So, these three possibilities, the future radio, the satellite and a modular system for the rail traffic management ERTMS, and then ATO up to a Grade of Automation 2, will be in our proposals for the secondary legislation in 2020. The work keeps going in Shift2Rail to come out with a full set of specifications for fully automated trains in the coming years.”
“For us, at the heart of all this technology is, nevertheless, a softer element in innovation. And that is digital work and digital working. I’m talking about because it’s about openly sharing and using the data, not only the interoperability of data in the technical sense of the format of the data but the actual mindset of making that data available for all those who can benefit from it. Here I want to talk about the data environment that is also confusive to innovation that adds values to the railways but goes wider than the railways.
We’ve been working on this for some time now at the European Commission under the framework of intelligent traffic systems and intelligent data systems. We will have this year, for the first time, multimodal travelling information service system becomes available. Now we are looking, of course, into the dynamic data, the real-time data, on the capacity, on the prices, on the seats that are available on the train. And when you know where the train is, when it needs to arrive, what free capacity it has onboard, what goods it has onboard, then you start to link this with the users of the railway, that can be the passengers or the freight forwarders.”
Text continues below the picture
Ticketing and mobility as a service
“Ticketing is, we believe, really essential if we want to provide real alternatives for people to leave the private cars behind and to use the railway and railway-related services. As a clear passenger demand because the passenger never really much cares which company he travells with. What do we want to do is to go from A to B, perhaps, in a fast way, in a cheaper way or in a sustainable way, ideally combining these three when you get to the railways. Unfortunately, we still have a lot of barriers. The Commission did a study last year. We concluded that these barriers are mainly of a commercial nature. I know that there is a lot of the sector initiatives to overcome this… We’ve been talking about this for the years and we are still not there.
With the European Green Deal where we really want to provide an alternative to people, this is a topic the European Commission intends to look at it very closely in the near future. There are obvious links to the concept of mobility as a service. And I absolutely determined that railways need to be part of this. So we will be looking at the ticketing as the part of our transport strategy that we have planned to announce at the end of this year. In that, we want to assess whether the EU intervention is necessary. It does not have to be a legislative initiative. But we really want to make sure this ticketing is available very soon.”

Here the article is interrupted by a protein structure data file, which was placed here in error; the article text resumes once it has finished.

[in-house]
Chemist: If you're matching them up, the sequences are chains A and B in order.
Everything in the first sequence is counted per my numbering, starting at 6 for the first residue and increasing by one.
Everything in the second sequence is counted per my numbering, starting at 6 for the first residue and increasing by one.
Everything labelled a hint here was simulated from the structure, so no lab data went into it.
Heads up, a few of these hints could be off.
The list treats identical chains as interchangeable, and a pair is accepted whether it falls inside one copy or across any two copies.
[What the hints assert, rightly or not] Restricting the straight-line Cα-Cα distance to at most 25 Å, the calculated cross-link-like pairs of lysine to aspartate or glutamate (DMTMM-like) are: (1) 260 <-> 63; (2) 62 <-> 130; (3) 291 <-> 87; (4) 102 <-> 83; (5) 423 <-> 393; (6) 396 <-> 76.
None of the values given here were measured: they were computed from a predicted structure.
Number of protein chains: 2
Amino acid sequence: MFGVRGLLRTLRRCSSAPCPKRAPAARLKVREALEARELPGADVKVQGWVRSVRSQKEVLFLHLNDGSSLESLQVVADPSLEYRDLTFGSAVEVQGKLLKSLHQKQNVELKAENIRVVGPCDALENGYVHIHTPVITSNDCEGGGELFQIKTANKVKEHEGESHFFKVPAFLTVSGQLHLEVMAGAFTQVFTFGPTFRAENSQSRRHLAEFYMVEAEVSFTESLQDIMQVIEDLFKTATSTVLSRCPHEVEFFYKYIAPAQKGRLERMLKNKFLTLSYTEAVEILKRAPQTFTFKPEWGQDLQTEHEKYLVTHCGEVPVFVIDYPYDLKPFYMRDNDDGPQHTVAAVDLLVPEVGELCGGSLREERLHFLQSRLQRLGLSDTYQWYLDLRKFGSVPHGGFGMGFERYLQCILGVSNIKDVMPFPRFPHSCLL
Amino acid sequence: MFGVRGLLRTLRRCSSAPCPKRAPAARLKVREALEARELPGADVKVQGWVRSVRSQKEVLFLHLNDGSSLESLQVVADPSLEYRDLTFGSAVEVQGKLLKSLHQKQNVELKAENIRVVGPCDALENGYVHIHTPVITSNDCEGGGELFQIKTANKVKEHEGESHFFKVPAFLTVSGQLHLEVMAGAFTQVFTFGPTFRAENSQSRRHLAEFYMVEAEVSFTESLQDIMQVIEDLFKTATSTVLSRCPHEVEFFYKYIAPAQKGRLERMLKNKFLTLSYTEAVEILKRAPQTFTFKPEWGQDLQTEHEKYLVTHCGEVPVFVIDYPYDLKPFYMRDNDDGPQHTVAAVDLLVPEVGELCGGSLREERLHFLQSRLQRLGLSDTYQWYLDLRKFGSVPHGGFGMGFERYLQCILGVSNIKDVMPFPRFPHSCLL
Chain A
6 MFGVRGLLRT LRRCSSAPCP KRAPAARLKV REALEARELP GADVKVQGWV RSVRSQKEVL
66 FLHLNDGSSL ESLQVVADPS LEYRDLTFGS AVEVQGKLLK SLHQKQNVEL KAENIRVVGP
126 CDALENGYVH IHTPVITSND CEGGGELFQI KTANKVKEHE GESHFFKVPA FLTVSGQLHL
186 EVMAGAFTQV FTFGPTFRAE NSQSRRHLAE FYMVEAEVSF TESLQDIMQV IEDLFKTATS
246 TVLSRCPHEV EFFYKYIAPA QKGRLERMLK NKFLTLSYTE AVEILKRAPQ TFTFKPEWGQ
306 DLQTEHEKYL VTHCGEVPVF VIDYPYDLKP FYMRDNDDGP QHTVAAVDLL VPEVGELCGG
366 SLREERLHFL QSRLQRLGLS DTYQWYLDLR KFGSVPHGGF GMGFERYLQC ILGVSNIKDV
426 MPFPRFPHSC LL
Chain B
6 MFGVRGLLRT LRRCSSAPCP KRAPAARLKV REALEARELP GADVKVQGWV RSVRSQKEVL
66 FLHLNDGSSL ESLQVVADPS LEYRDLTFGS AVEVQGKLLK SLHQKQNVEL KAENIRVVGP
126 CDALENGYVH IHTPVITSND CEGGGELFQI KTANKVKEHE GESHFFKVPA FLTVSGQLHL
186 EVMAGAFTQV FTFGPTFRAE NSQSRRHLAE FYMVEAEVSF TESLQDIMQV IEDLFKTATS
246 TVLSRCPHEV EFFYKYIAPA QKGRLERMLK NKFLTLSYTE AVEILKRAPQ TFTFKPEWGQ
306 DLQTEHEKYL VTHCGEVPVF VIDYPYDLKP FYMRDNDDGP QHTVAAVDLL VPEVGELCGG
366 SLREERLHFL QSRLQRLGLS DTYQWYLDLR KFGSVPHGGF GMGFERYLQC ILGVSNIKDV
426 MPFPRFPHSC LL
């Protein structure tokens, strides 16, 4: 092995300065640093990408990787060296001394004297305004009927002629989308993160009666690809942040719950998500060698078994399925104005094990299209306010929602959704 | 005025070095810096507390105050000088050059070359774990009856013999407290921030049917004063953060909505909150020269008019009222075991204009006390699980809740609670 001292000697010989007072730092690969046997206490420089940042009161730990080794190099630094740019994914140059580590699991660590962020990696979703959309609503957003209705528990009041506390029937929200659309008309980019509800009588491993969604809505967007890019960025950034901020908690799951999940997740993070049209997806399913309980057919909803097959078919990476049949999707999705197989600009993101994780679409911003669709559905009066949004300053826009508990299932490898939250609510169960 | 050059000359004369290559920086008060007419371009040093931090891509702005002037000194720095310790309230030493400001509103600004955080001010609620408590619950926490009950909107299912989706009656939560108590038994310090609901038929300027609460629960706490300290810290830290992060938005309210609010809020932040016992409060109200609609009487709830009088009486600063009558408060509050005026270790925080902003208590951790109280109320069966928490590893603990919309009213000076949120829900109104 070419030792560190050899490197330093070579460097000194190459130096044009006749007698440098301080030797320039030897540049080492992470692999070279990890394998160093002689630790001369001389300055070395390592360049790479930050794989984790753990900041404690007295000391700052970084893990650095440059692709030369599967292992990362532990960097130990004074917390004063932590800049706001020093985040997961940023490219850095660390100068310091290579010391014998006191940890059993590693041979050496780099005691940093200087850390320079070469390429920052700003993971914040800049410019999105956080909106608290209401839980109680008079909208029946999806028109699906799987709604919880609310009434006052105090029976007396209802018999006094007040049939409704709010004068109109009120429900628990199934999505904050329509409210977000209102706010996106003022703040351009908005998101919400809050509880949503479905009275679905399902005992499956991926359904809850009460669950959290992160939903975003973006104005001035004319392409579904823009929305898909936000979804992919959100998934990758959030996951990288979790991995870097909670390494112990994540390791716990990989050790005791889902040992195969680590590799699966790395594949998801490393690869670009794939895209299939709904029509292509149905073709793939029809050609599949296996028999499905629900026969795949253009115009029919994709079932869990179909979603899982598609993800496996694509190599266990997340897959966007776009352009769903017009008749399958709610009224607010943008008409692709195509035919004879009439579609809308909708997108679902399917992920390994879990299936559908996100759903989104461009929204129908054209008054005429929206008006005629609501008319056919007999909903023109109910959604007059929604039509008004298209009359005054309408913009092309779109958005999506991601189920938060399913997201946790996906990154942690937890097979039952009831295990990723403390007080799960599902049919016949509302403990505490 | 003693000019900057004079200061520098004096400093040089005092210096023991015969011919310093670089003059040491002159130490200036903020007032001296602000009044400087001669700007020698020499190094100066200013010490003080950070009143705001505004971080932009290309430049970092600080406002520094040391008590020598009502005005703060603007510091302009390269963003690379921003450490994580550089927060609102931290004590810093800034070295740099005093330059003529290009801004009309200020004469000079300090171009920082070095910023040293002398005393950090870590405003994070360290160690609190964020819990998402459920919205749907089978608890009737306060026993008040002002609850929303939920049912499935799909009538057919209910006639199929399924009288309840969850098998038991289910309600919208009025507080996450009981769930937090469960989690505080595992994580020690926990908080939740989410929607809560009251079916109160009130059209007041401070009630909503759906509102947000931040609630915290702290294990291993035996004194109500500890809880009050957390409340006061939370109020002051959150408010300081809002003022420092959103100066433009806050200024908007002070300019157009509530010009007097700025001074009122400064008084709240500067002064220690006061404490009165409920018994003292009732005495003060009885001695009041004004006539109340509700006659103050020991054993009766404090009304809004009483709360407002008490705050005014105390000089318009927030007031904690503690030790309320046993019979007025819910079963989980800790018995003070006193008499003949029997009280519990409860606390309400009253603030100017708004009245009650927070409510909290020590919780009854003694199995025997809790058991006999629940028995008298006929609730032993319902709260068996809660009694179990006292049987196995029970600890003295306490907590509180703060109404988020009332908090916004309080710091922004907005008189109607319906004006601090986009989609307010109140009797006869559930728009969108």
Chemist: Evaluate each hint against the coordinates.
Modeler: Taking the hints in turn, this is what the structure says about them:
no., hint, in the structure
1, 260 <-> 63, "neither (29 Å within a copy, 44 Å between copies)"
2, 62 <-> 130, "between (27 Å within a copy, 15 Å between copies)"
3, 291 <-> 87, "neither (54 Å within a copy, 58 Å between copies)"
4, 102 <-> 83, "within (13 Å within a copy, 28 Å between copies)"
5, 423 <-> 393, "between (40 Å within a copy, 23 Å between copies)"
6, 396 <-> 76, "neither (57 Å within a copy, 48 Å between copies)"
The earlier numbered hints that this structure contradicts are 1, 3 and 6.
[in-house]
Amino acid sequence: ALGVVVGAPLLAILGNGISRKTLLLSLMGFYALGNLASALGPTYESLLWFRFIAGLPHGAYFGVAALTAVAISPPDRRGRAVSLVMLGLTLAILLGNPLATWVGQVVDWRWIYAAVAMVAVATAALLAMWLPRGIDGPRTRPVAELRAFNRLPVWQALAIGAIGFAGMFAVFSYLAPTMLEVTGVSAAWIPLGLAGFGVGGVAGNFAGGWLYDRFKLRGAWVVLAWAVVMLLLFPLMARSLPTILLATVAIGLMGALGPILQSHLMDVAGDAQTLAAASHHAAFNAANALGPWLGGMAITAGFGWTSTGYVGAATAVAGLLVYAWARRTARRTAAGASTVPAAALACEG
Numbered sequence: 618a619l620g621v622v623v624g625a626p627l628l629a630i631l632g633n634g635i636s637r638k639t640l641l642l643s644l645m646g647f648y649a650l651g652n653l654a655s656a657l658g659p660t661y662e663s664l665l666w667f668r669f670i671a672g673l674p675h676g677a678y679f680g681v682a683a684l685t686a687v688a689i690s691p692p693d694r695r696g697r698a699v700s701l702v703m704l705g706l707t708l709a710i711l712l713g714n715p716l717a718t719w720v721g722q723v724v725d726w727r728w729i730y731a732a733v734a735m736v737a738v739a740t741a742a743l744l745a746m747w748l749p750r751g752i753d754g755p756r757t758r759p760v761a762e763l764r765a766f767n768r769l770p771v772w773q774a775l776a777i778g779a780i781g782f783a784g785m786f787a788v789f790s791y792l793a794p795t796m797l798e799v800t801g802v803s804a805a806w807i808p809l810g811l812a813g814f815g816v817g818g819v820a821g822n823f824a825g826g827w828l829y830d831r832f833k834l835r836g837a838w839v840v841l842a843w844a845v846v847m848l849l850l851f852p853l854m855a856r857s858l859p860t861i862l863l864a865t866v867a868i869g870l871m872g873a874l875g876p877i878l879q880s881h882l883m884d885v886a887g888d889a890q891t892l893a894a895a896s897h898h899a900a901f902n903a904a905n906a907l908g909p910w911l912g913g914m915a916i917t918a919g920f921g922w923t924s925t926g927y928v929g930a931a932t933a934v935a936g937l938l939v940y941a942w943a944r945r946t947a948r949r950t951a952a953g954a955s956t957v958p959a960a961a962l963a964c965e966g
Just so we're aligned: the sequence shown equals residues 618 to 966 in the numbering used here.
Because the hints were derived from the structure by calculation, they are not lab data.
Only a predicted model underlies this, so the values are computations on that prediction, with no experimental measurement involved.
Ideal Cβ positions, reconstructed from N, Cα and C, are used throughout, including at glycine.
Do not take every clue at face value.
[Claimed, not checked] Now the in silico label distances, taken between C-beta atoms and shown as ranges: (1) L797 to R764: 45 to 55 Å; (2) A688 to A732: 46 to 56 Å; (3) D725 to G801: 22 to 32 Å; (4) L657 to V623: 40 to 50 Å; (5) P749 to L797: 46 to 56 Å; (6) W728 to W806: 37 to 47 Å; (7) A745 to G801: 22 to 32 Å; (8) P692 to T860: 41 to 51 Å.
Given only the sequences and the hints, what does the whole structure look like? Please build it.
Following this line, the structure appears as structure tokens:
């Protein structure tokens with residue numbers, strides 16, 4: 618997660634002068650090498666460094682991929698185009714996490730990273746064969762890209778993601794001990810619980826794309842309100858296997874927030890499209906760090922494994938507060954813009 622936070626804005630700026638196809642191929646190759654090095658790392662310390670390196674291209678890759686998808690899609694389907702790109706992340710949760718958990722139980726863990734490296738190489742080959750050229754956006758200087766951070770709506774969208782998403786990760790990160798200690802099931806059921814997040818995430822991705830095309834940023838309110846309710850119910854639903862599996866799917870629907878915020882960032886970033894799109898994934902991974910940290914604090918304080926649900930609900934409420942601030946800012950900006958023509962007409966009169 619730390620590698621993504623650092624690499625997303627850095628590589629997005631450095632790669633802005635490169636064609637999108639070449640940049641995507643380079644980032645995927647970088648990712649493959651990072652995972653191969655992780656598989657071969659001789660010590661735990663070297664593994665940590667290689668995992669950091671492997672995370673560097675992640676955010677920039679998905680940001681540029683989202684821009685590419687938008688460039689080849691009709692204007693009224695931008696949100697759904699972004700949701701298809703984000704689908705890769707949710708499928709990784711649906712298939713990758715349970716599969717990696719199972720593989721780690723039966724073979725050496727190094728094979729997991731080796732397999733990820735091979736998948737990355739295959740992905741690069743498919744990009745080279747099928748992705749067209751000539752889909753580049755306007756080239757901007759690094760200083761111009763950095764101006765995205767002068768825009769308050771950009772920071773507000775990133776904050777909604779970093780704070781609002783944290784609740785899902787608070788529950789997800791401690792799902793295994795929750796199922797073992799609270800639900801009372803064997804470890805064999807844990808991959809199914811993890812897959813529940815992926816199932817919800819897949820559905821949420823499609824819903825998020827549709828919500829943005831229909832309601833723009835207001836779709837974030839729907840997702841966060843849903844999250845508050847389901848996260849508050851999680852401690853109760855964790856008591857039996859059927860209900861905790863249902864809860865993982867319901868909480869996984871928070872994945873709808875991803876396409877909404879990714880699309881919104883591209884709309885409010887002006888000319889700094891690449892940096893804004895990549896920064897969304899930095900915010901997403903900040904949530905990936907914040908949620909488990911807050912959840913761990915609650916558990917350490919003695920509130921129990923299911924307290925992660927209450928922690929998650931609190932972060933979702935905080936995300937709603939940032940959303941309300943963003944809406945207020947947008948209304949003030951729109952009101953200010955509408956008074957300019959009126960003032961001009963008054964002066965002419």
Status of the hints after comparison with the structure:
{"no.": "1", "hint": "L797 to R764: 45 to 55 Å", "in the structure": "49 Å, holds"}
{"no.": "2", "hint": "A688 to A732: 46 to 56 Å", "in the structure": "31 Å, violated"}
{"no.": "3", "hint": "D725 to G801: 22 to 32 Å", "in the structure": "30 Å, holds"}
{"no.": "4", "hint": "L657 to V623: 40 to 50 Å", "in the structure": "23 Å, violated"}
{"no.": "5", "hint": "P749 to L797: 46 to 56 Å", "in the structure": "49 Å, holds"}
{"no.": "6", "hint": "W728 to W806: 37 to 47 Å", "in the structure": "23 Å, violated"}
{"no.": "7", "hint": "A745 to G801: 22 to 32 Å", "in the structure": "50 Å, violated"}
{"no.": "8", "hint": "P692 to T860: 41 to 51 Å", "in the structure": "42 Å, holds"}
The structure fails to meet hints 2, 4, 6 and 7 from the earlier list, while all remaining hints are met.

Text continues below the picture
Revolution in freight
“Similarly is also for freight, a revolution is taking place. In that, documents are being digitalised, the concept of one-time-only submission of information is finally carried through. We have a single window. For the time being, it’s an EU Maritime Single Window. We see no reason to keep this single window only maritime, especially with all the freight coming to Europe from Asia by rail. It is a very good case for having a single window extended to rail as well as for the electronic freight transport information, community systems, and the multimodal transport document for freight. Of course, we want to make sure that our telematics standard will accommodate all of these changes.”
“In conclusion, what I want to say is that we really have high hopes for digitalisation to integrate railways into the seamless transport system. It’s happening in all the modes, and the railways should not leg behind. The difficulty is not that the technology is not available, it is. There are very good ideas, very good products. The difficulty is that it takes an extremely long time to deploy it system-wide. Because everyone seems to be waiting for others to do the first move and integrate it first. The priority for future action for us will be making sure that we go beyond the infrastructure-related barriers for the connected system.
And absolutely crucially, we must make sure that whatever we agree in terms of new connected technology works as a system-wide solution. We cannot spend 15 years tearing down hard interoperability barriers and then recreate others by embarking on different technological solutions. We must do this now, not later… My final plea to you is, please, work with us, regulate us, work with the European Railway Agency, work with Shift2Rail, work with UIC. The more internationally, the better it will be for rail. But we need these modern solutions quickly.”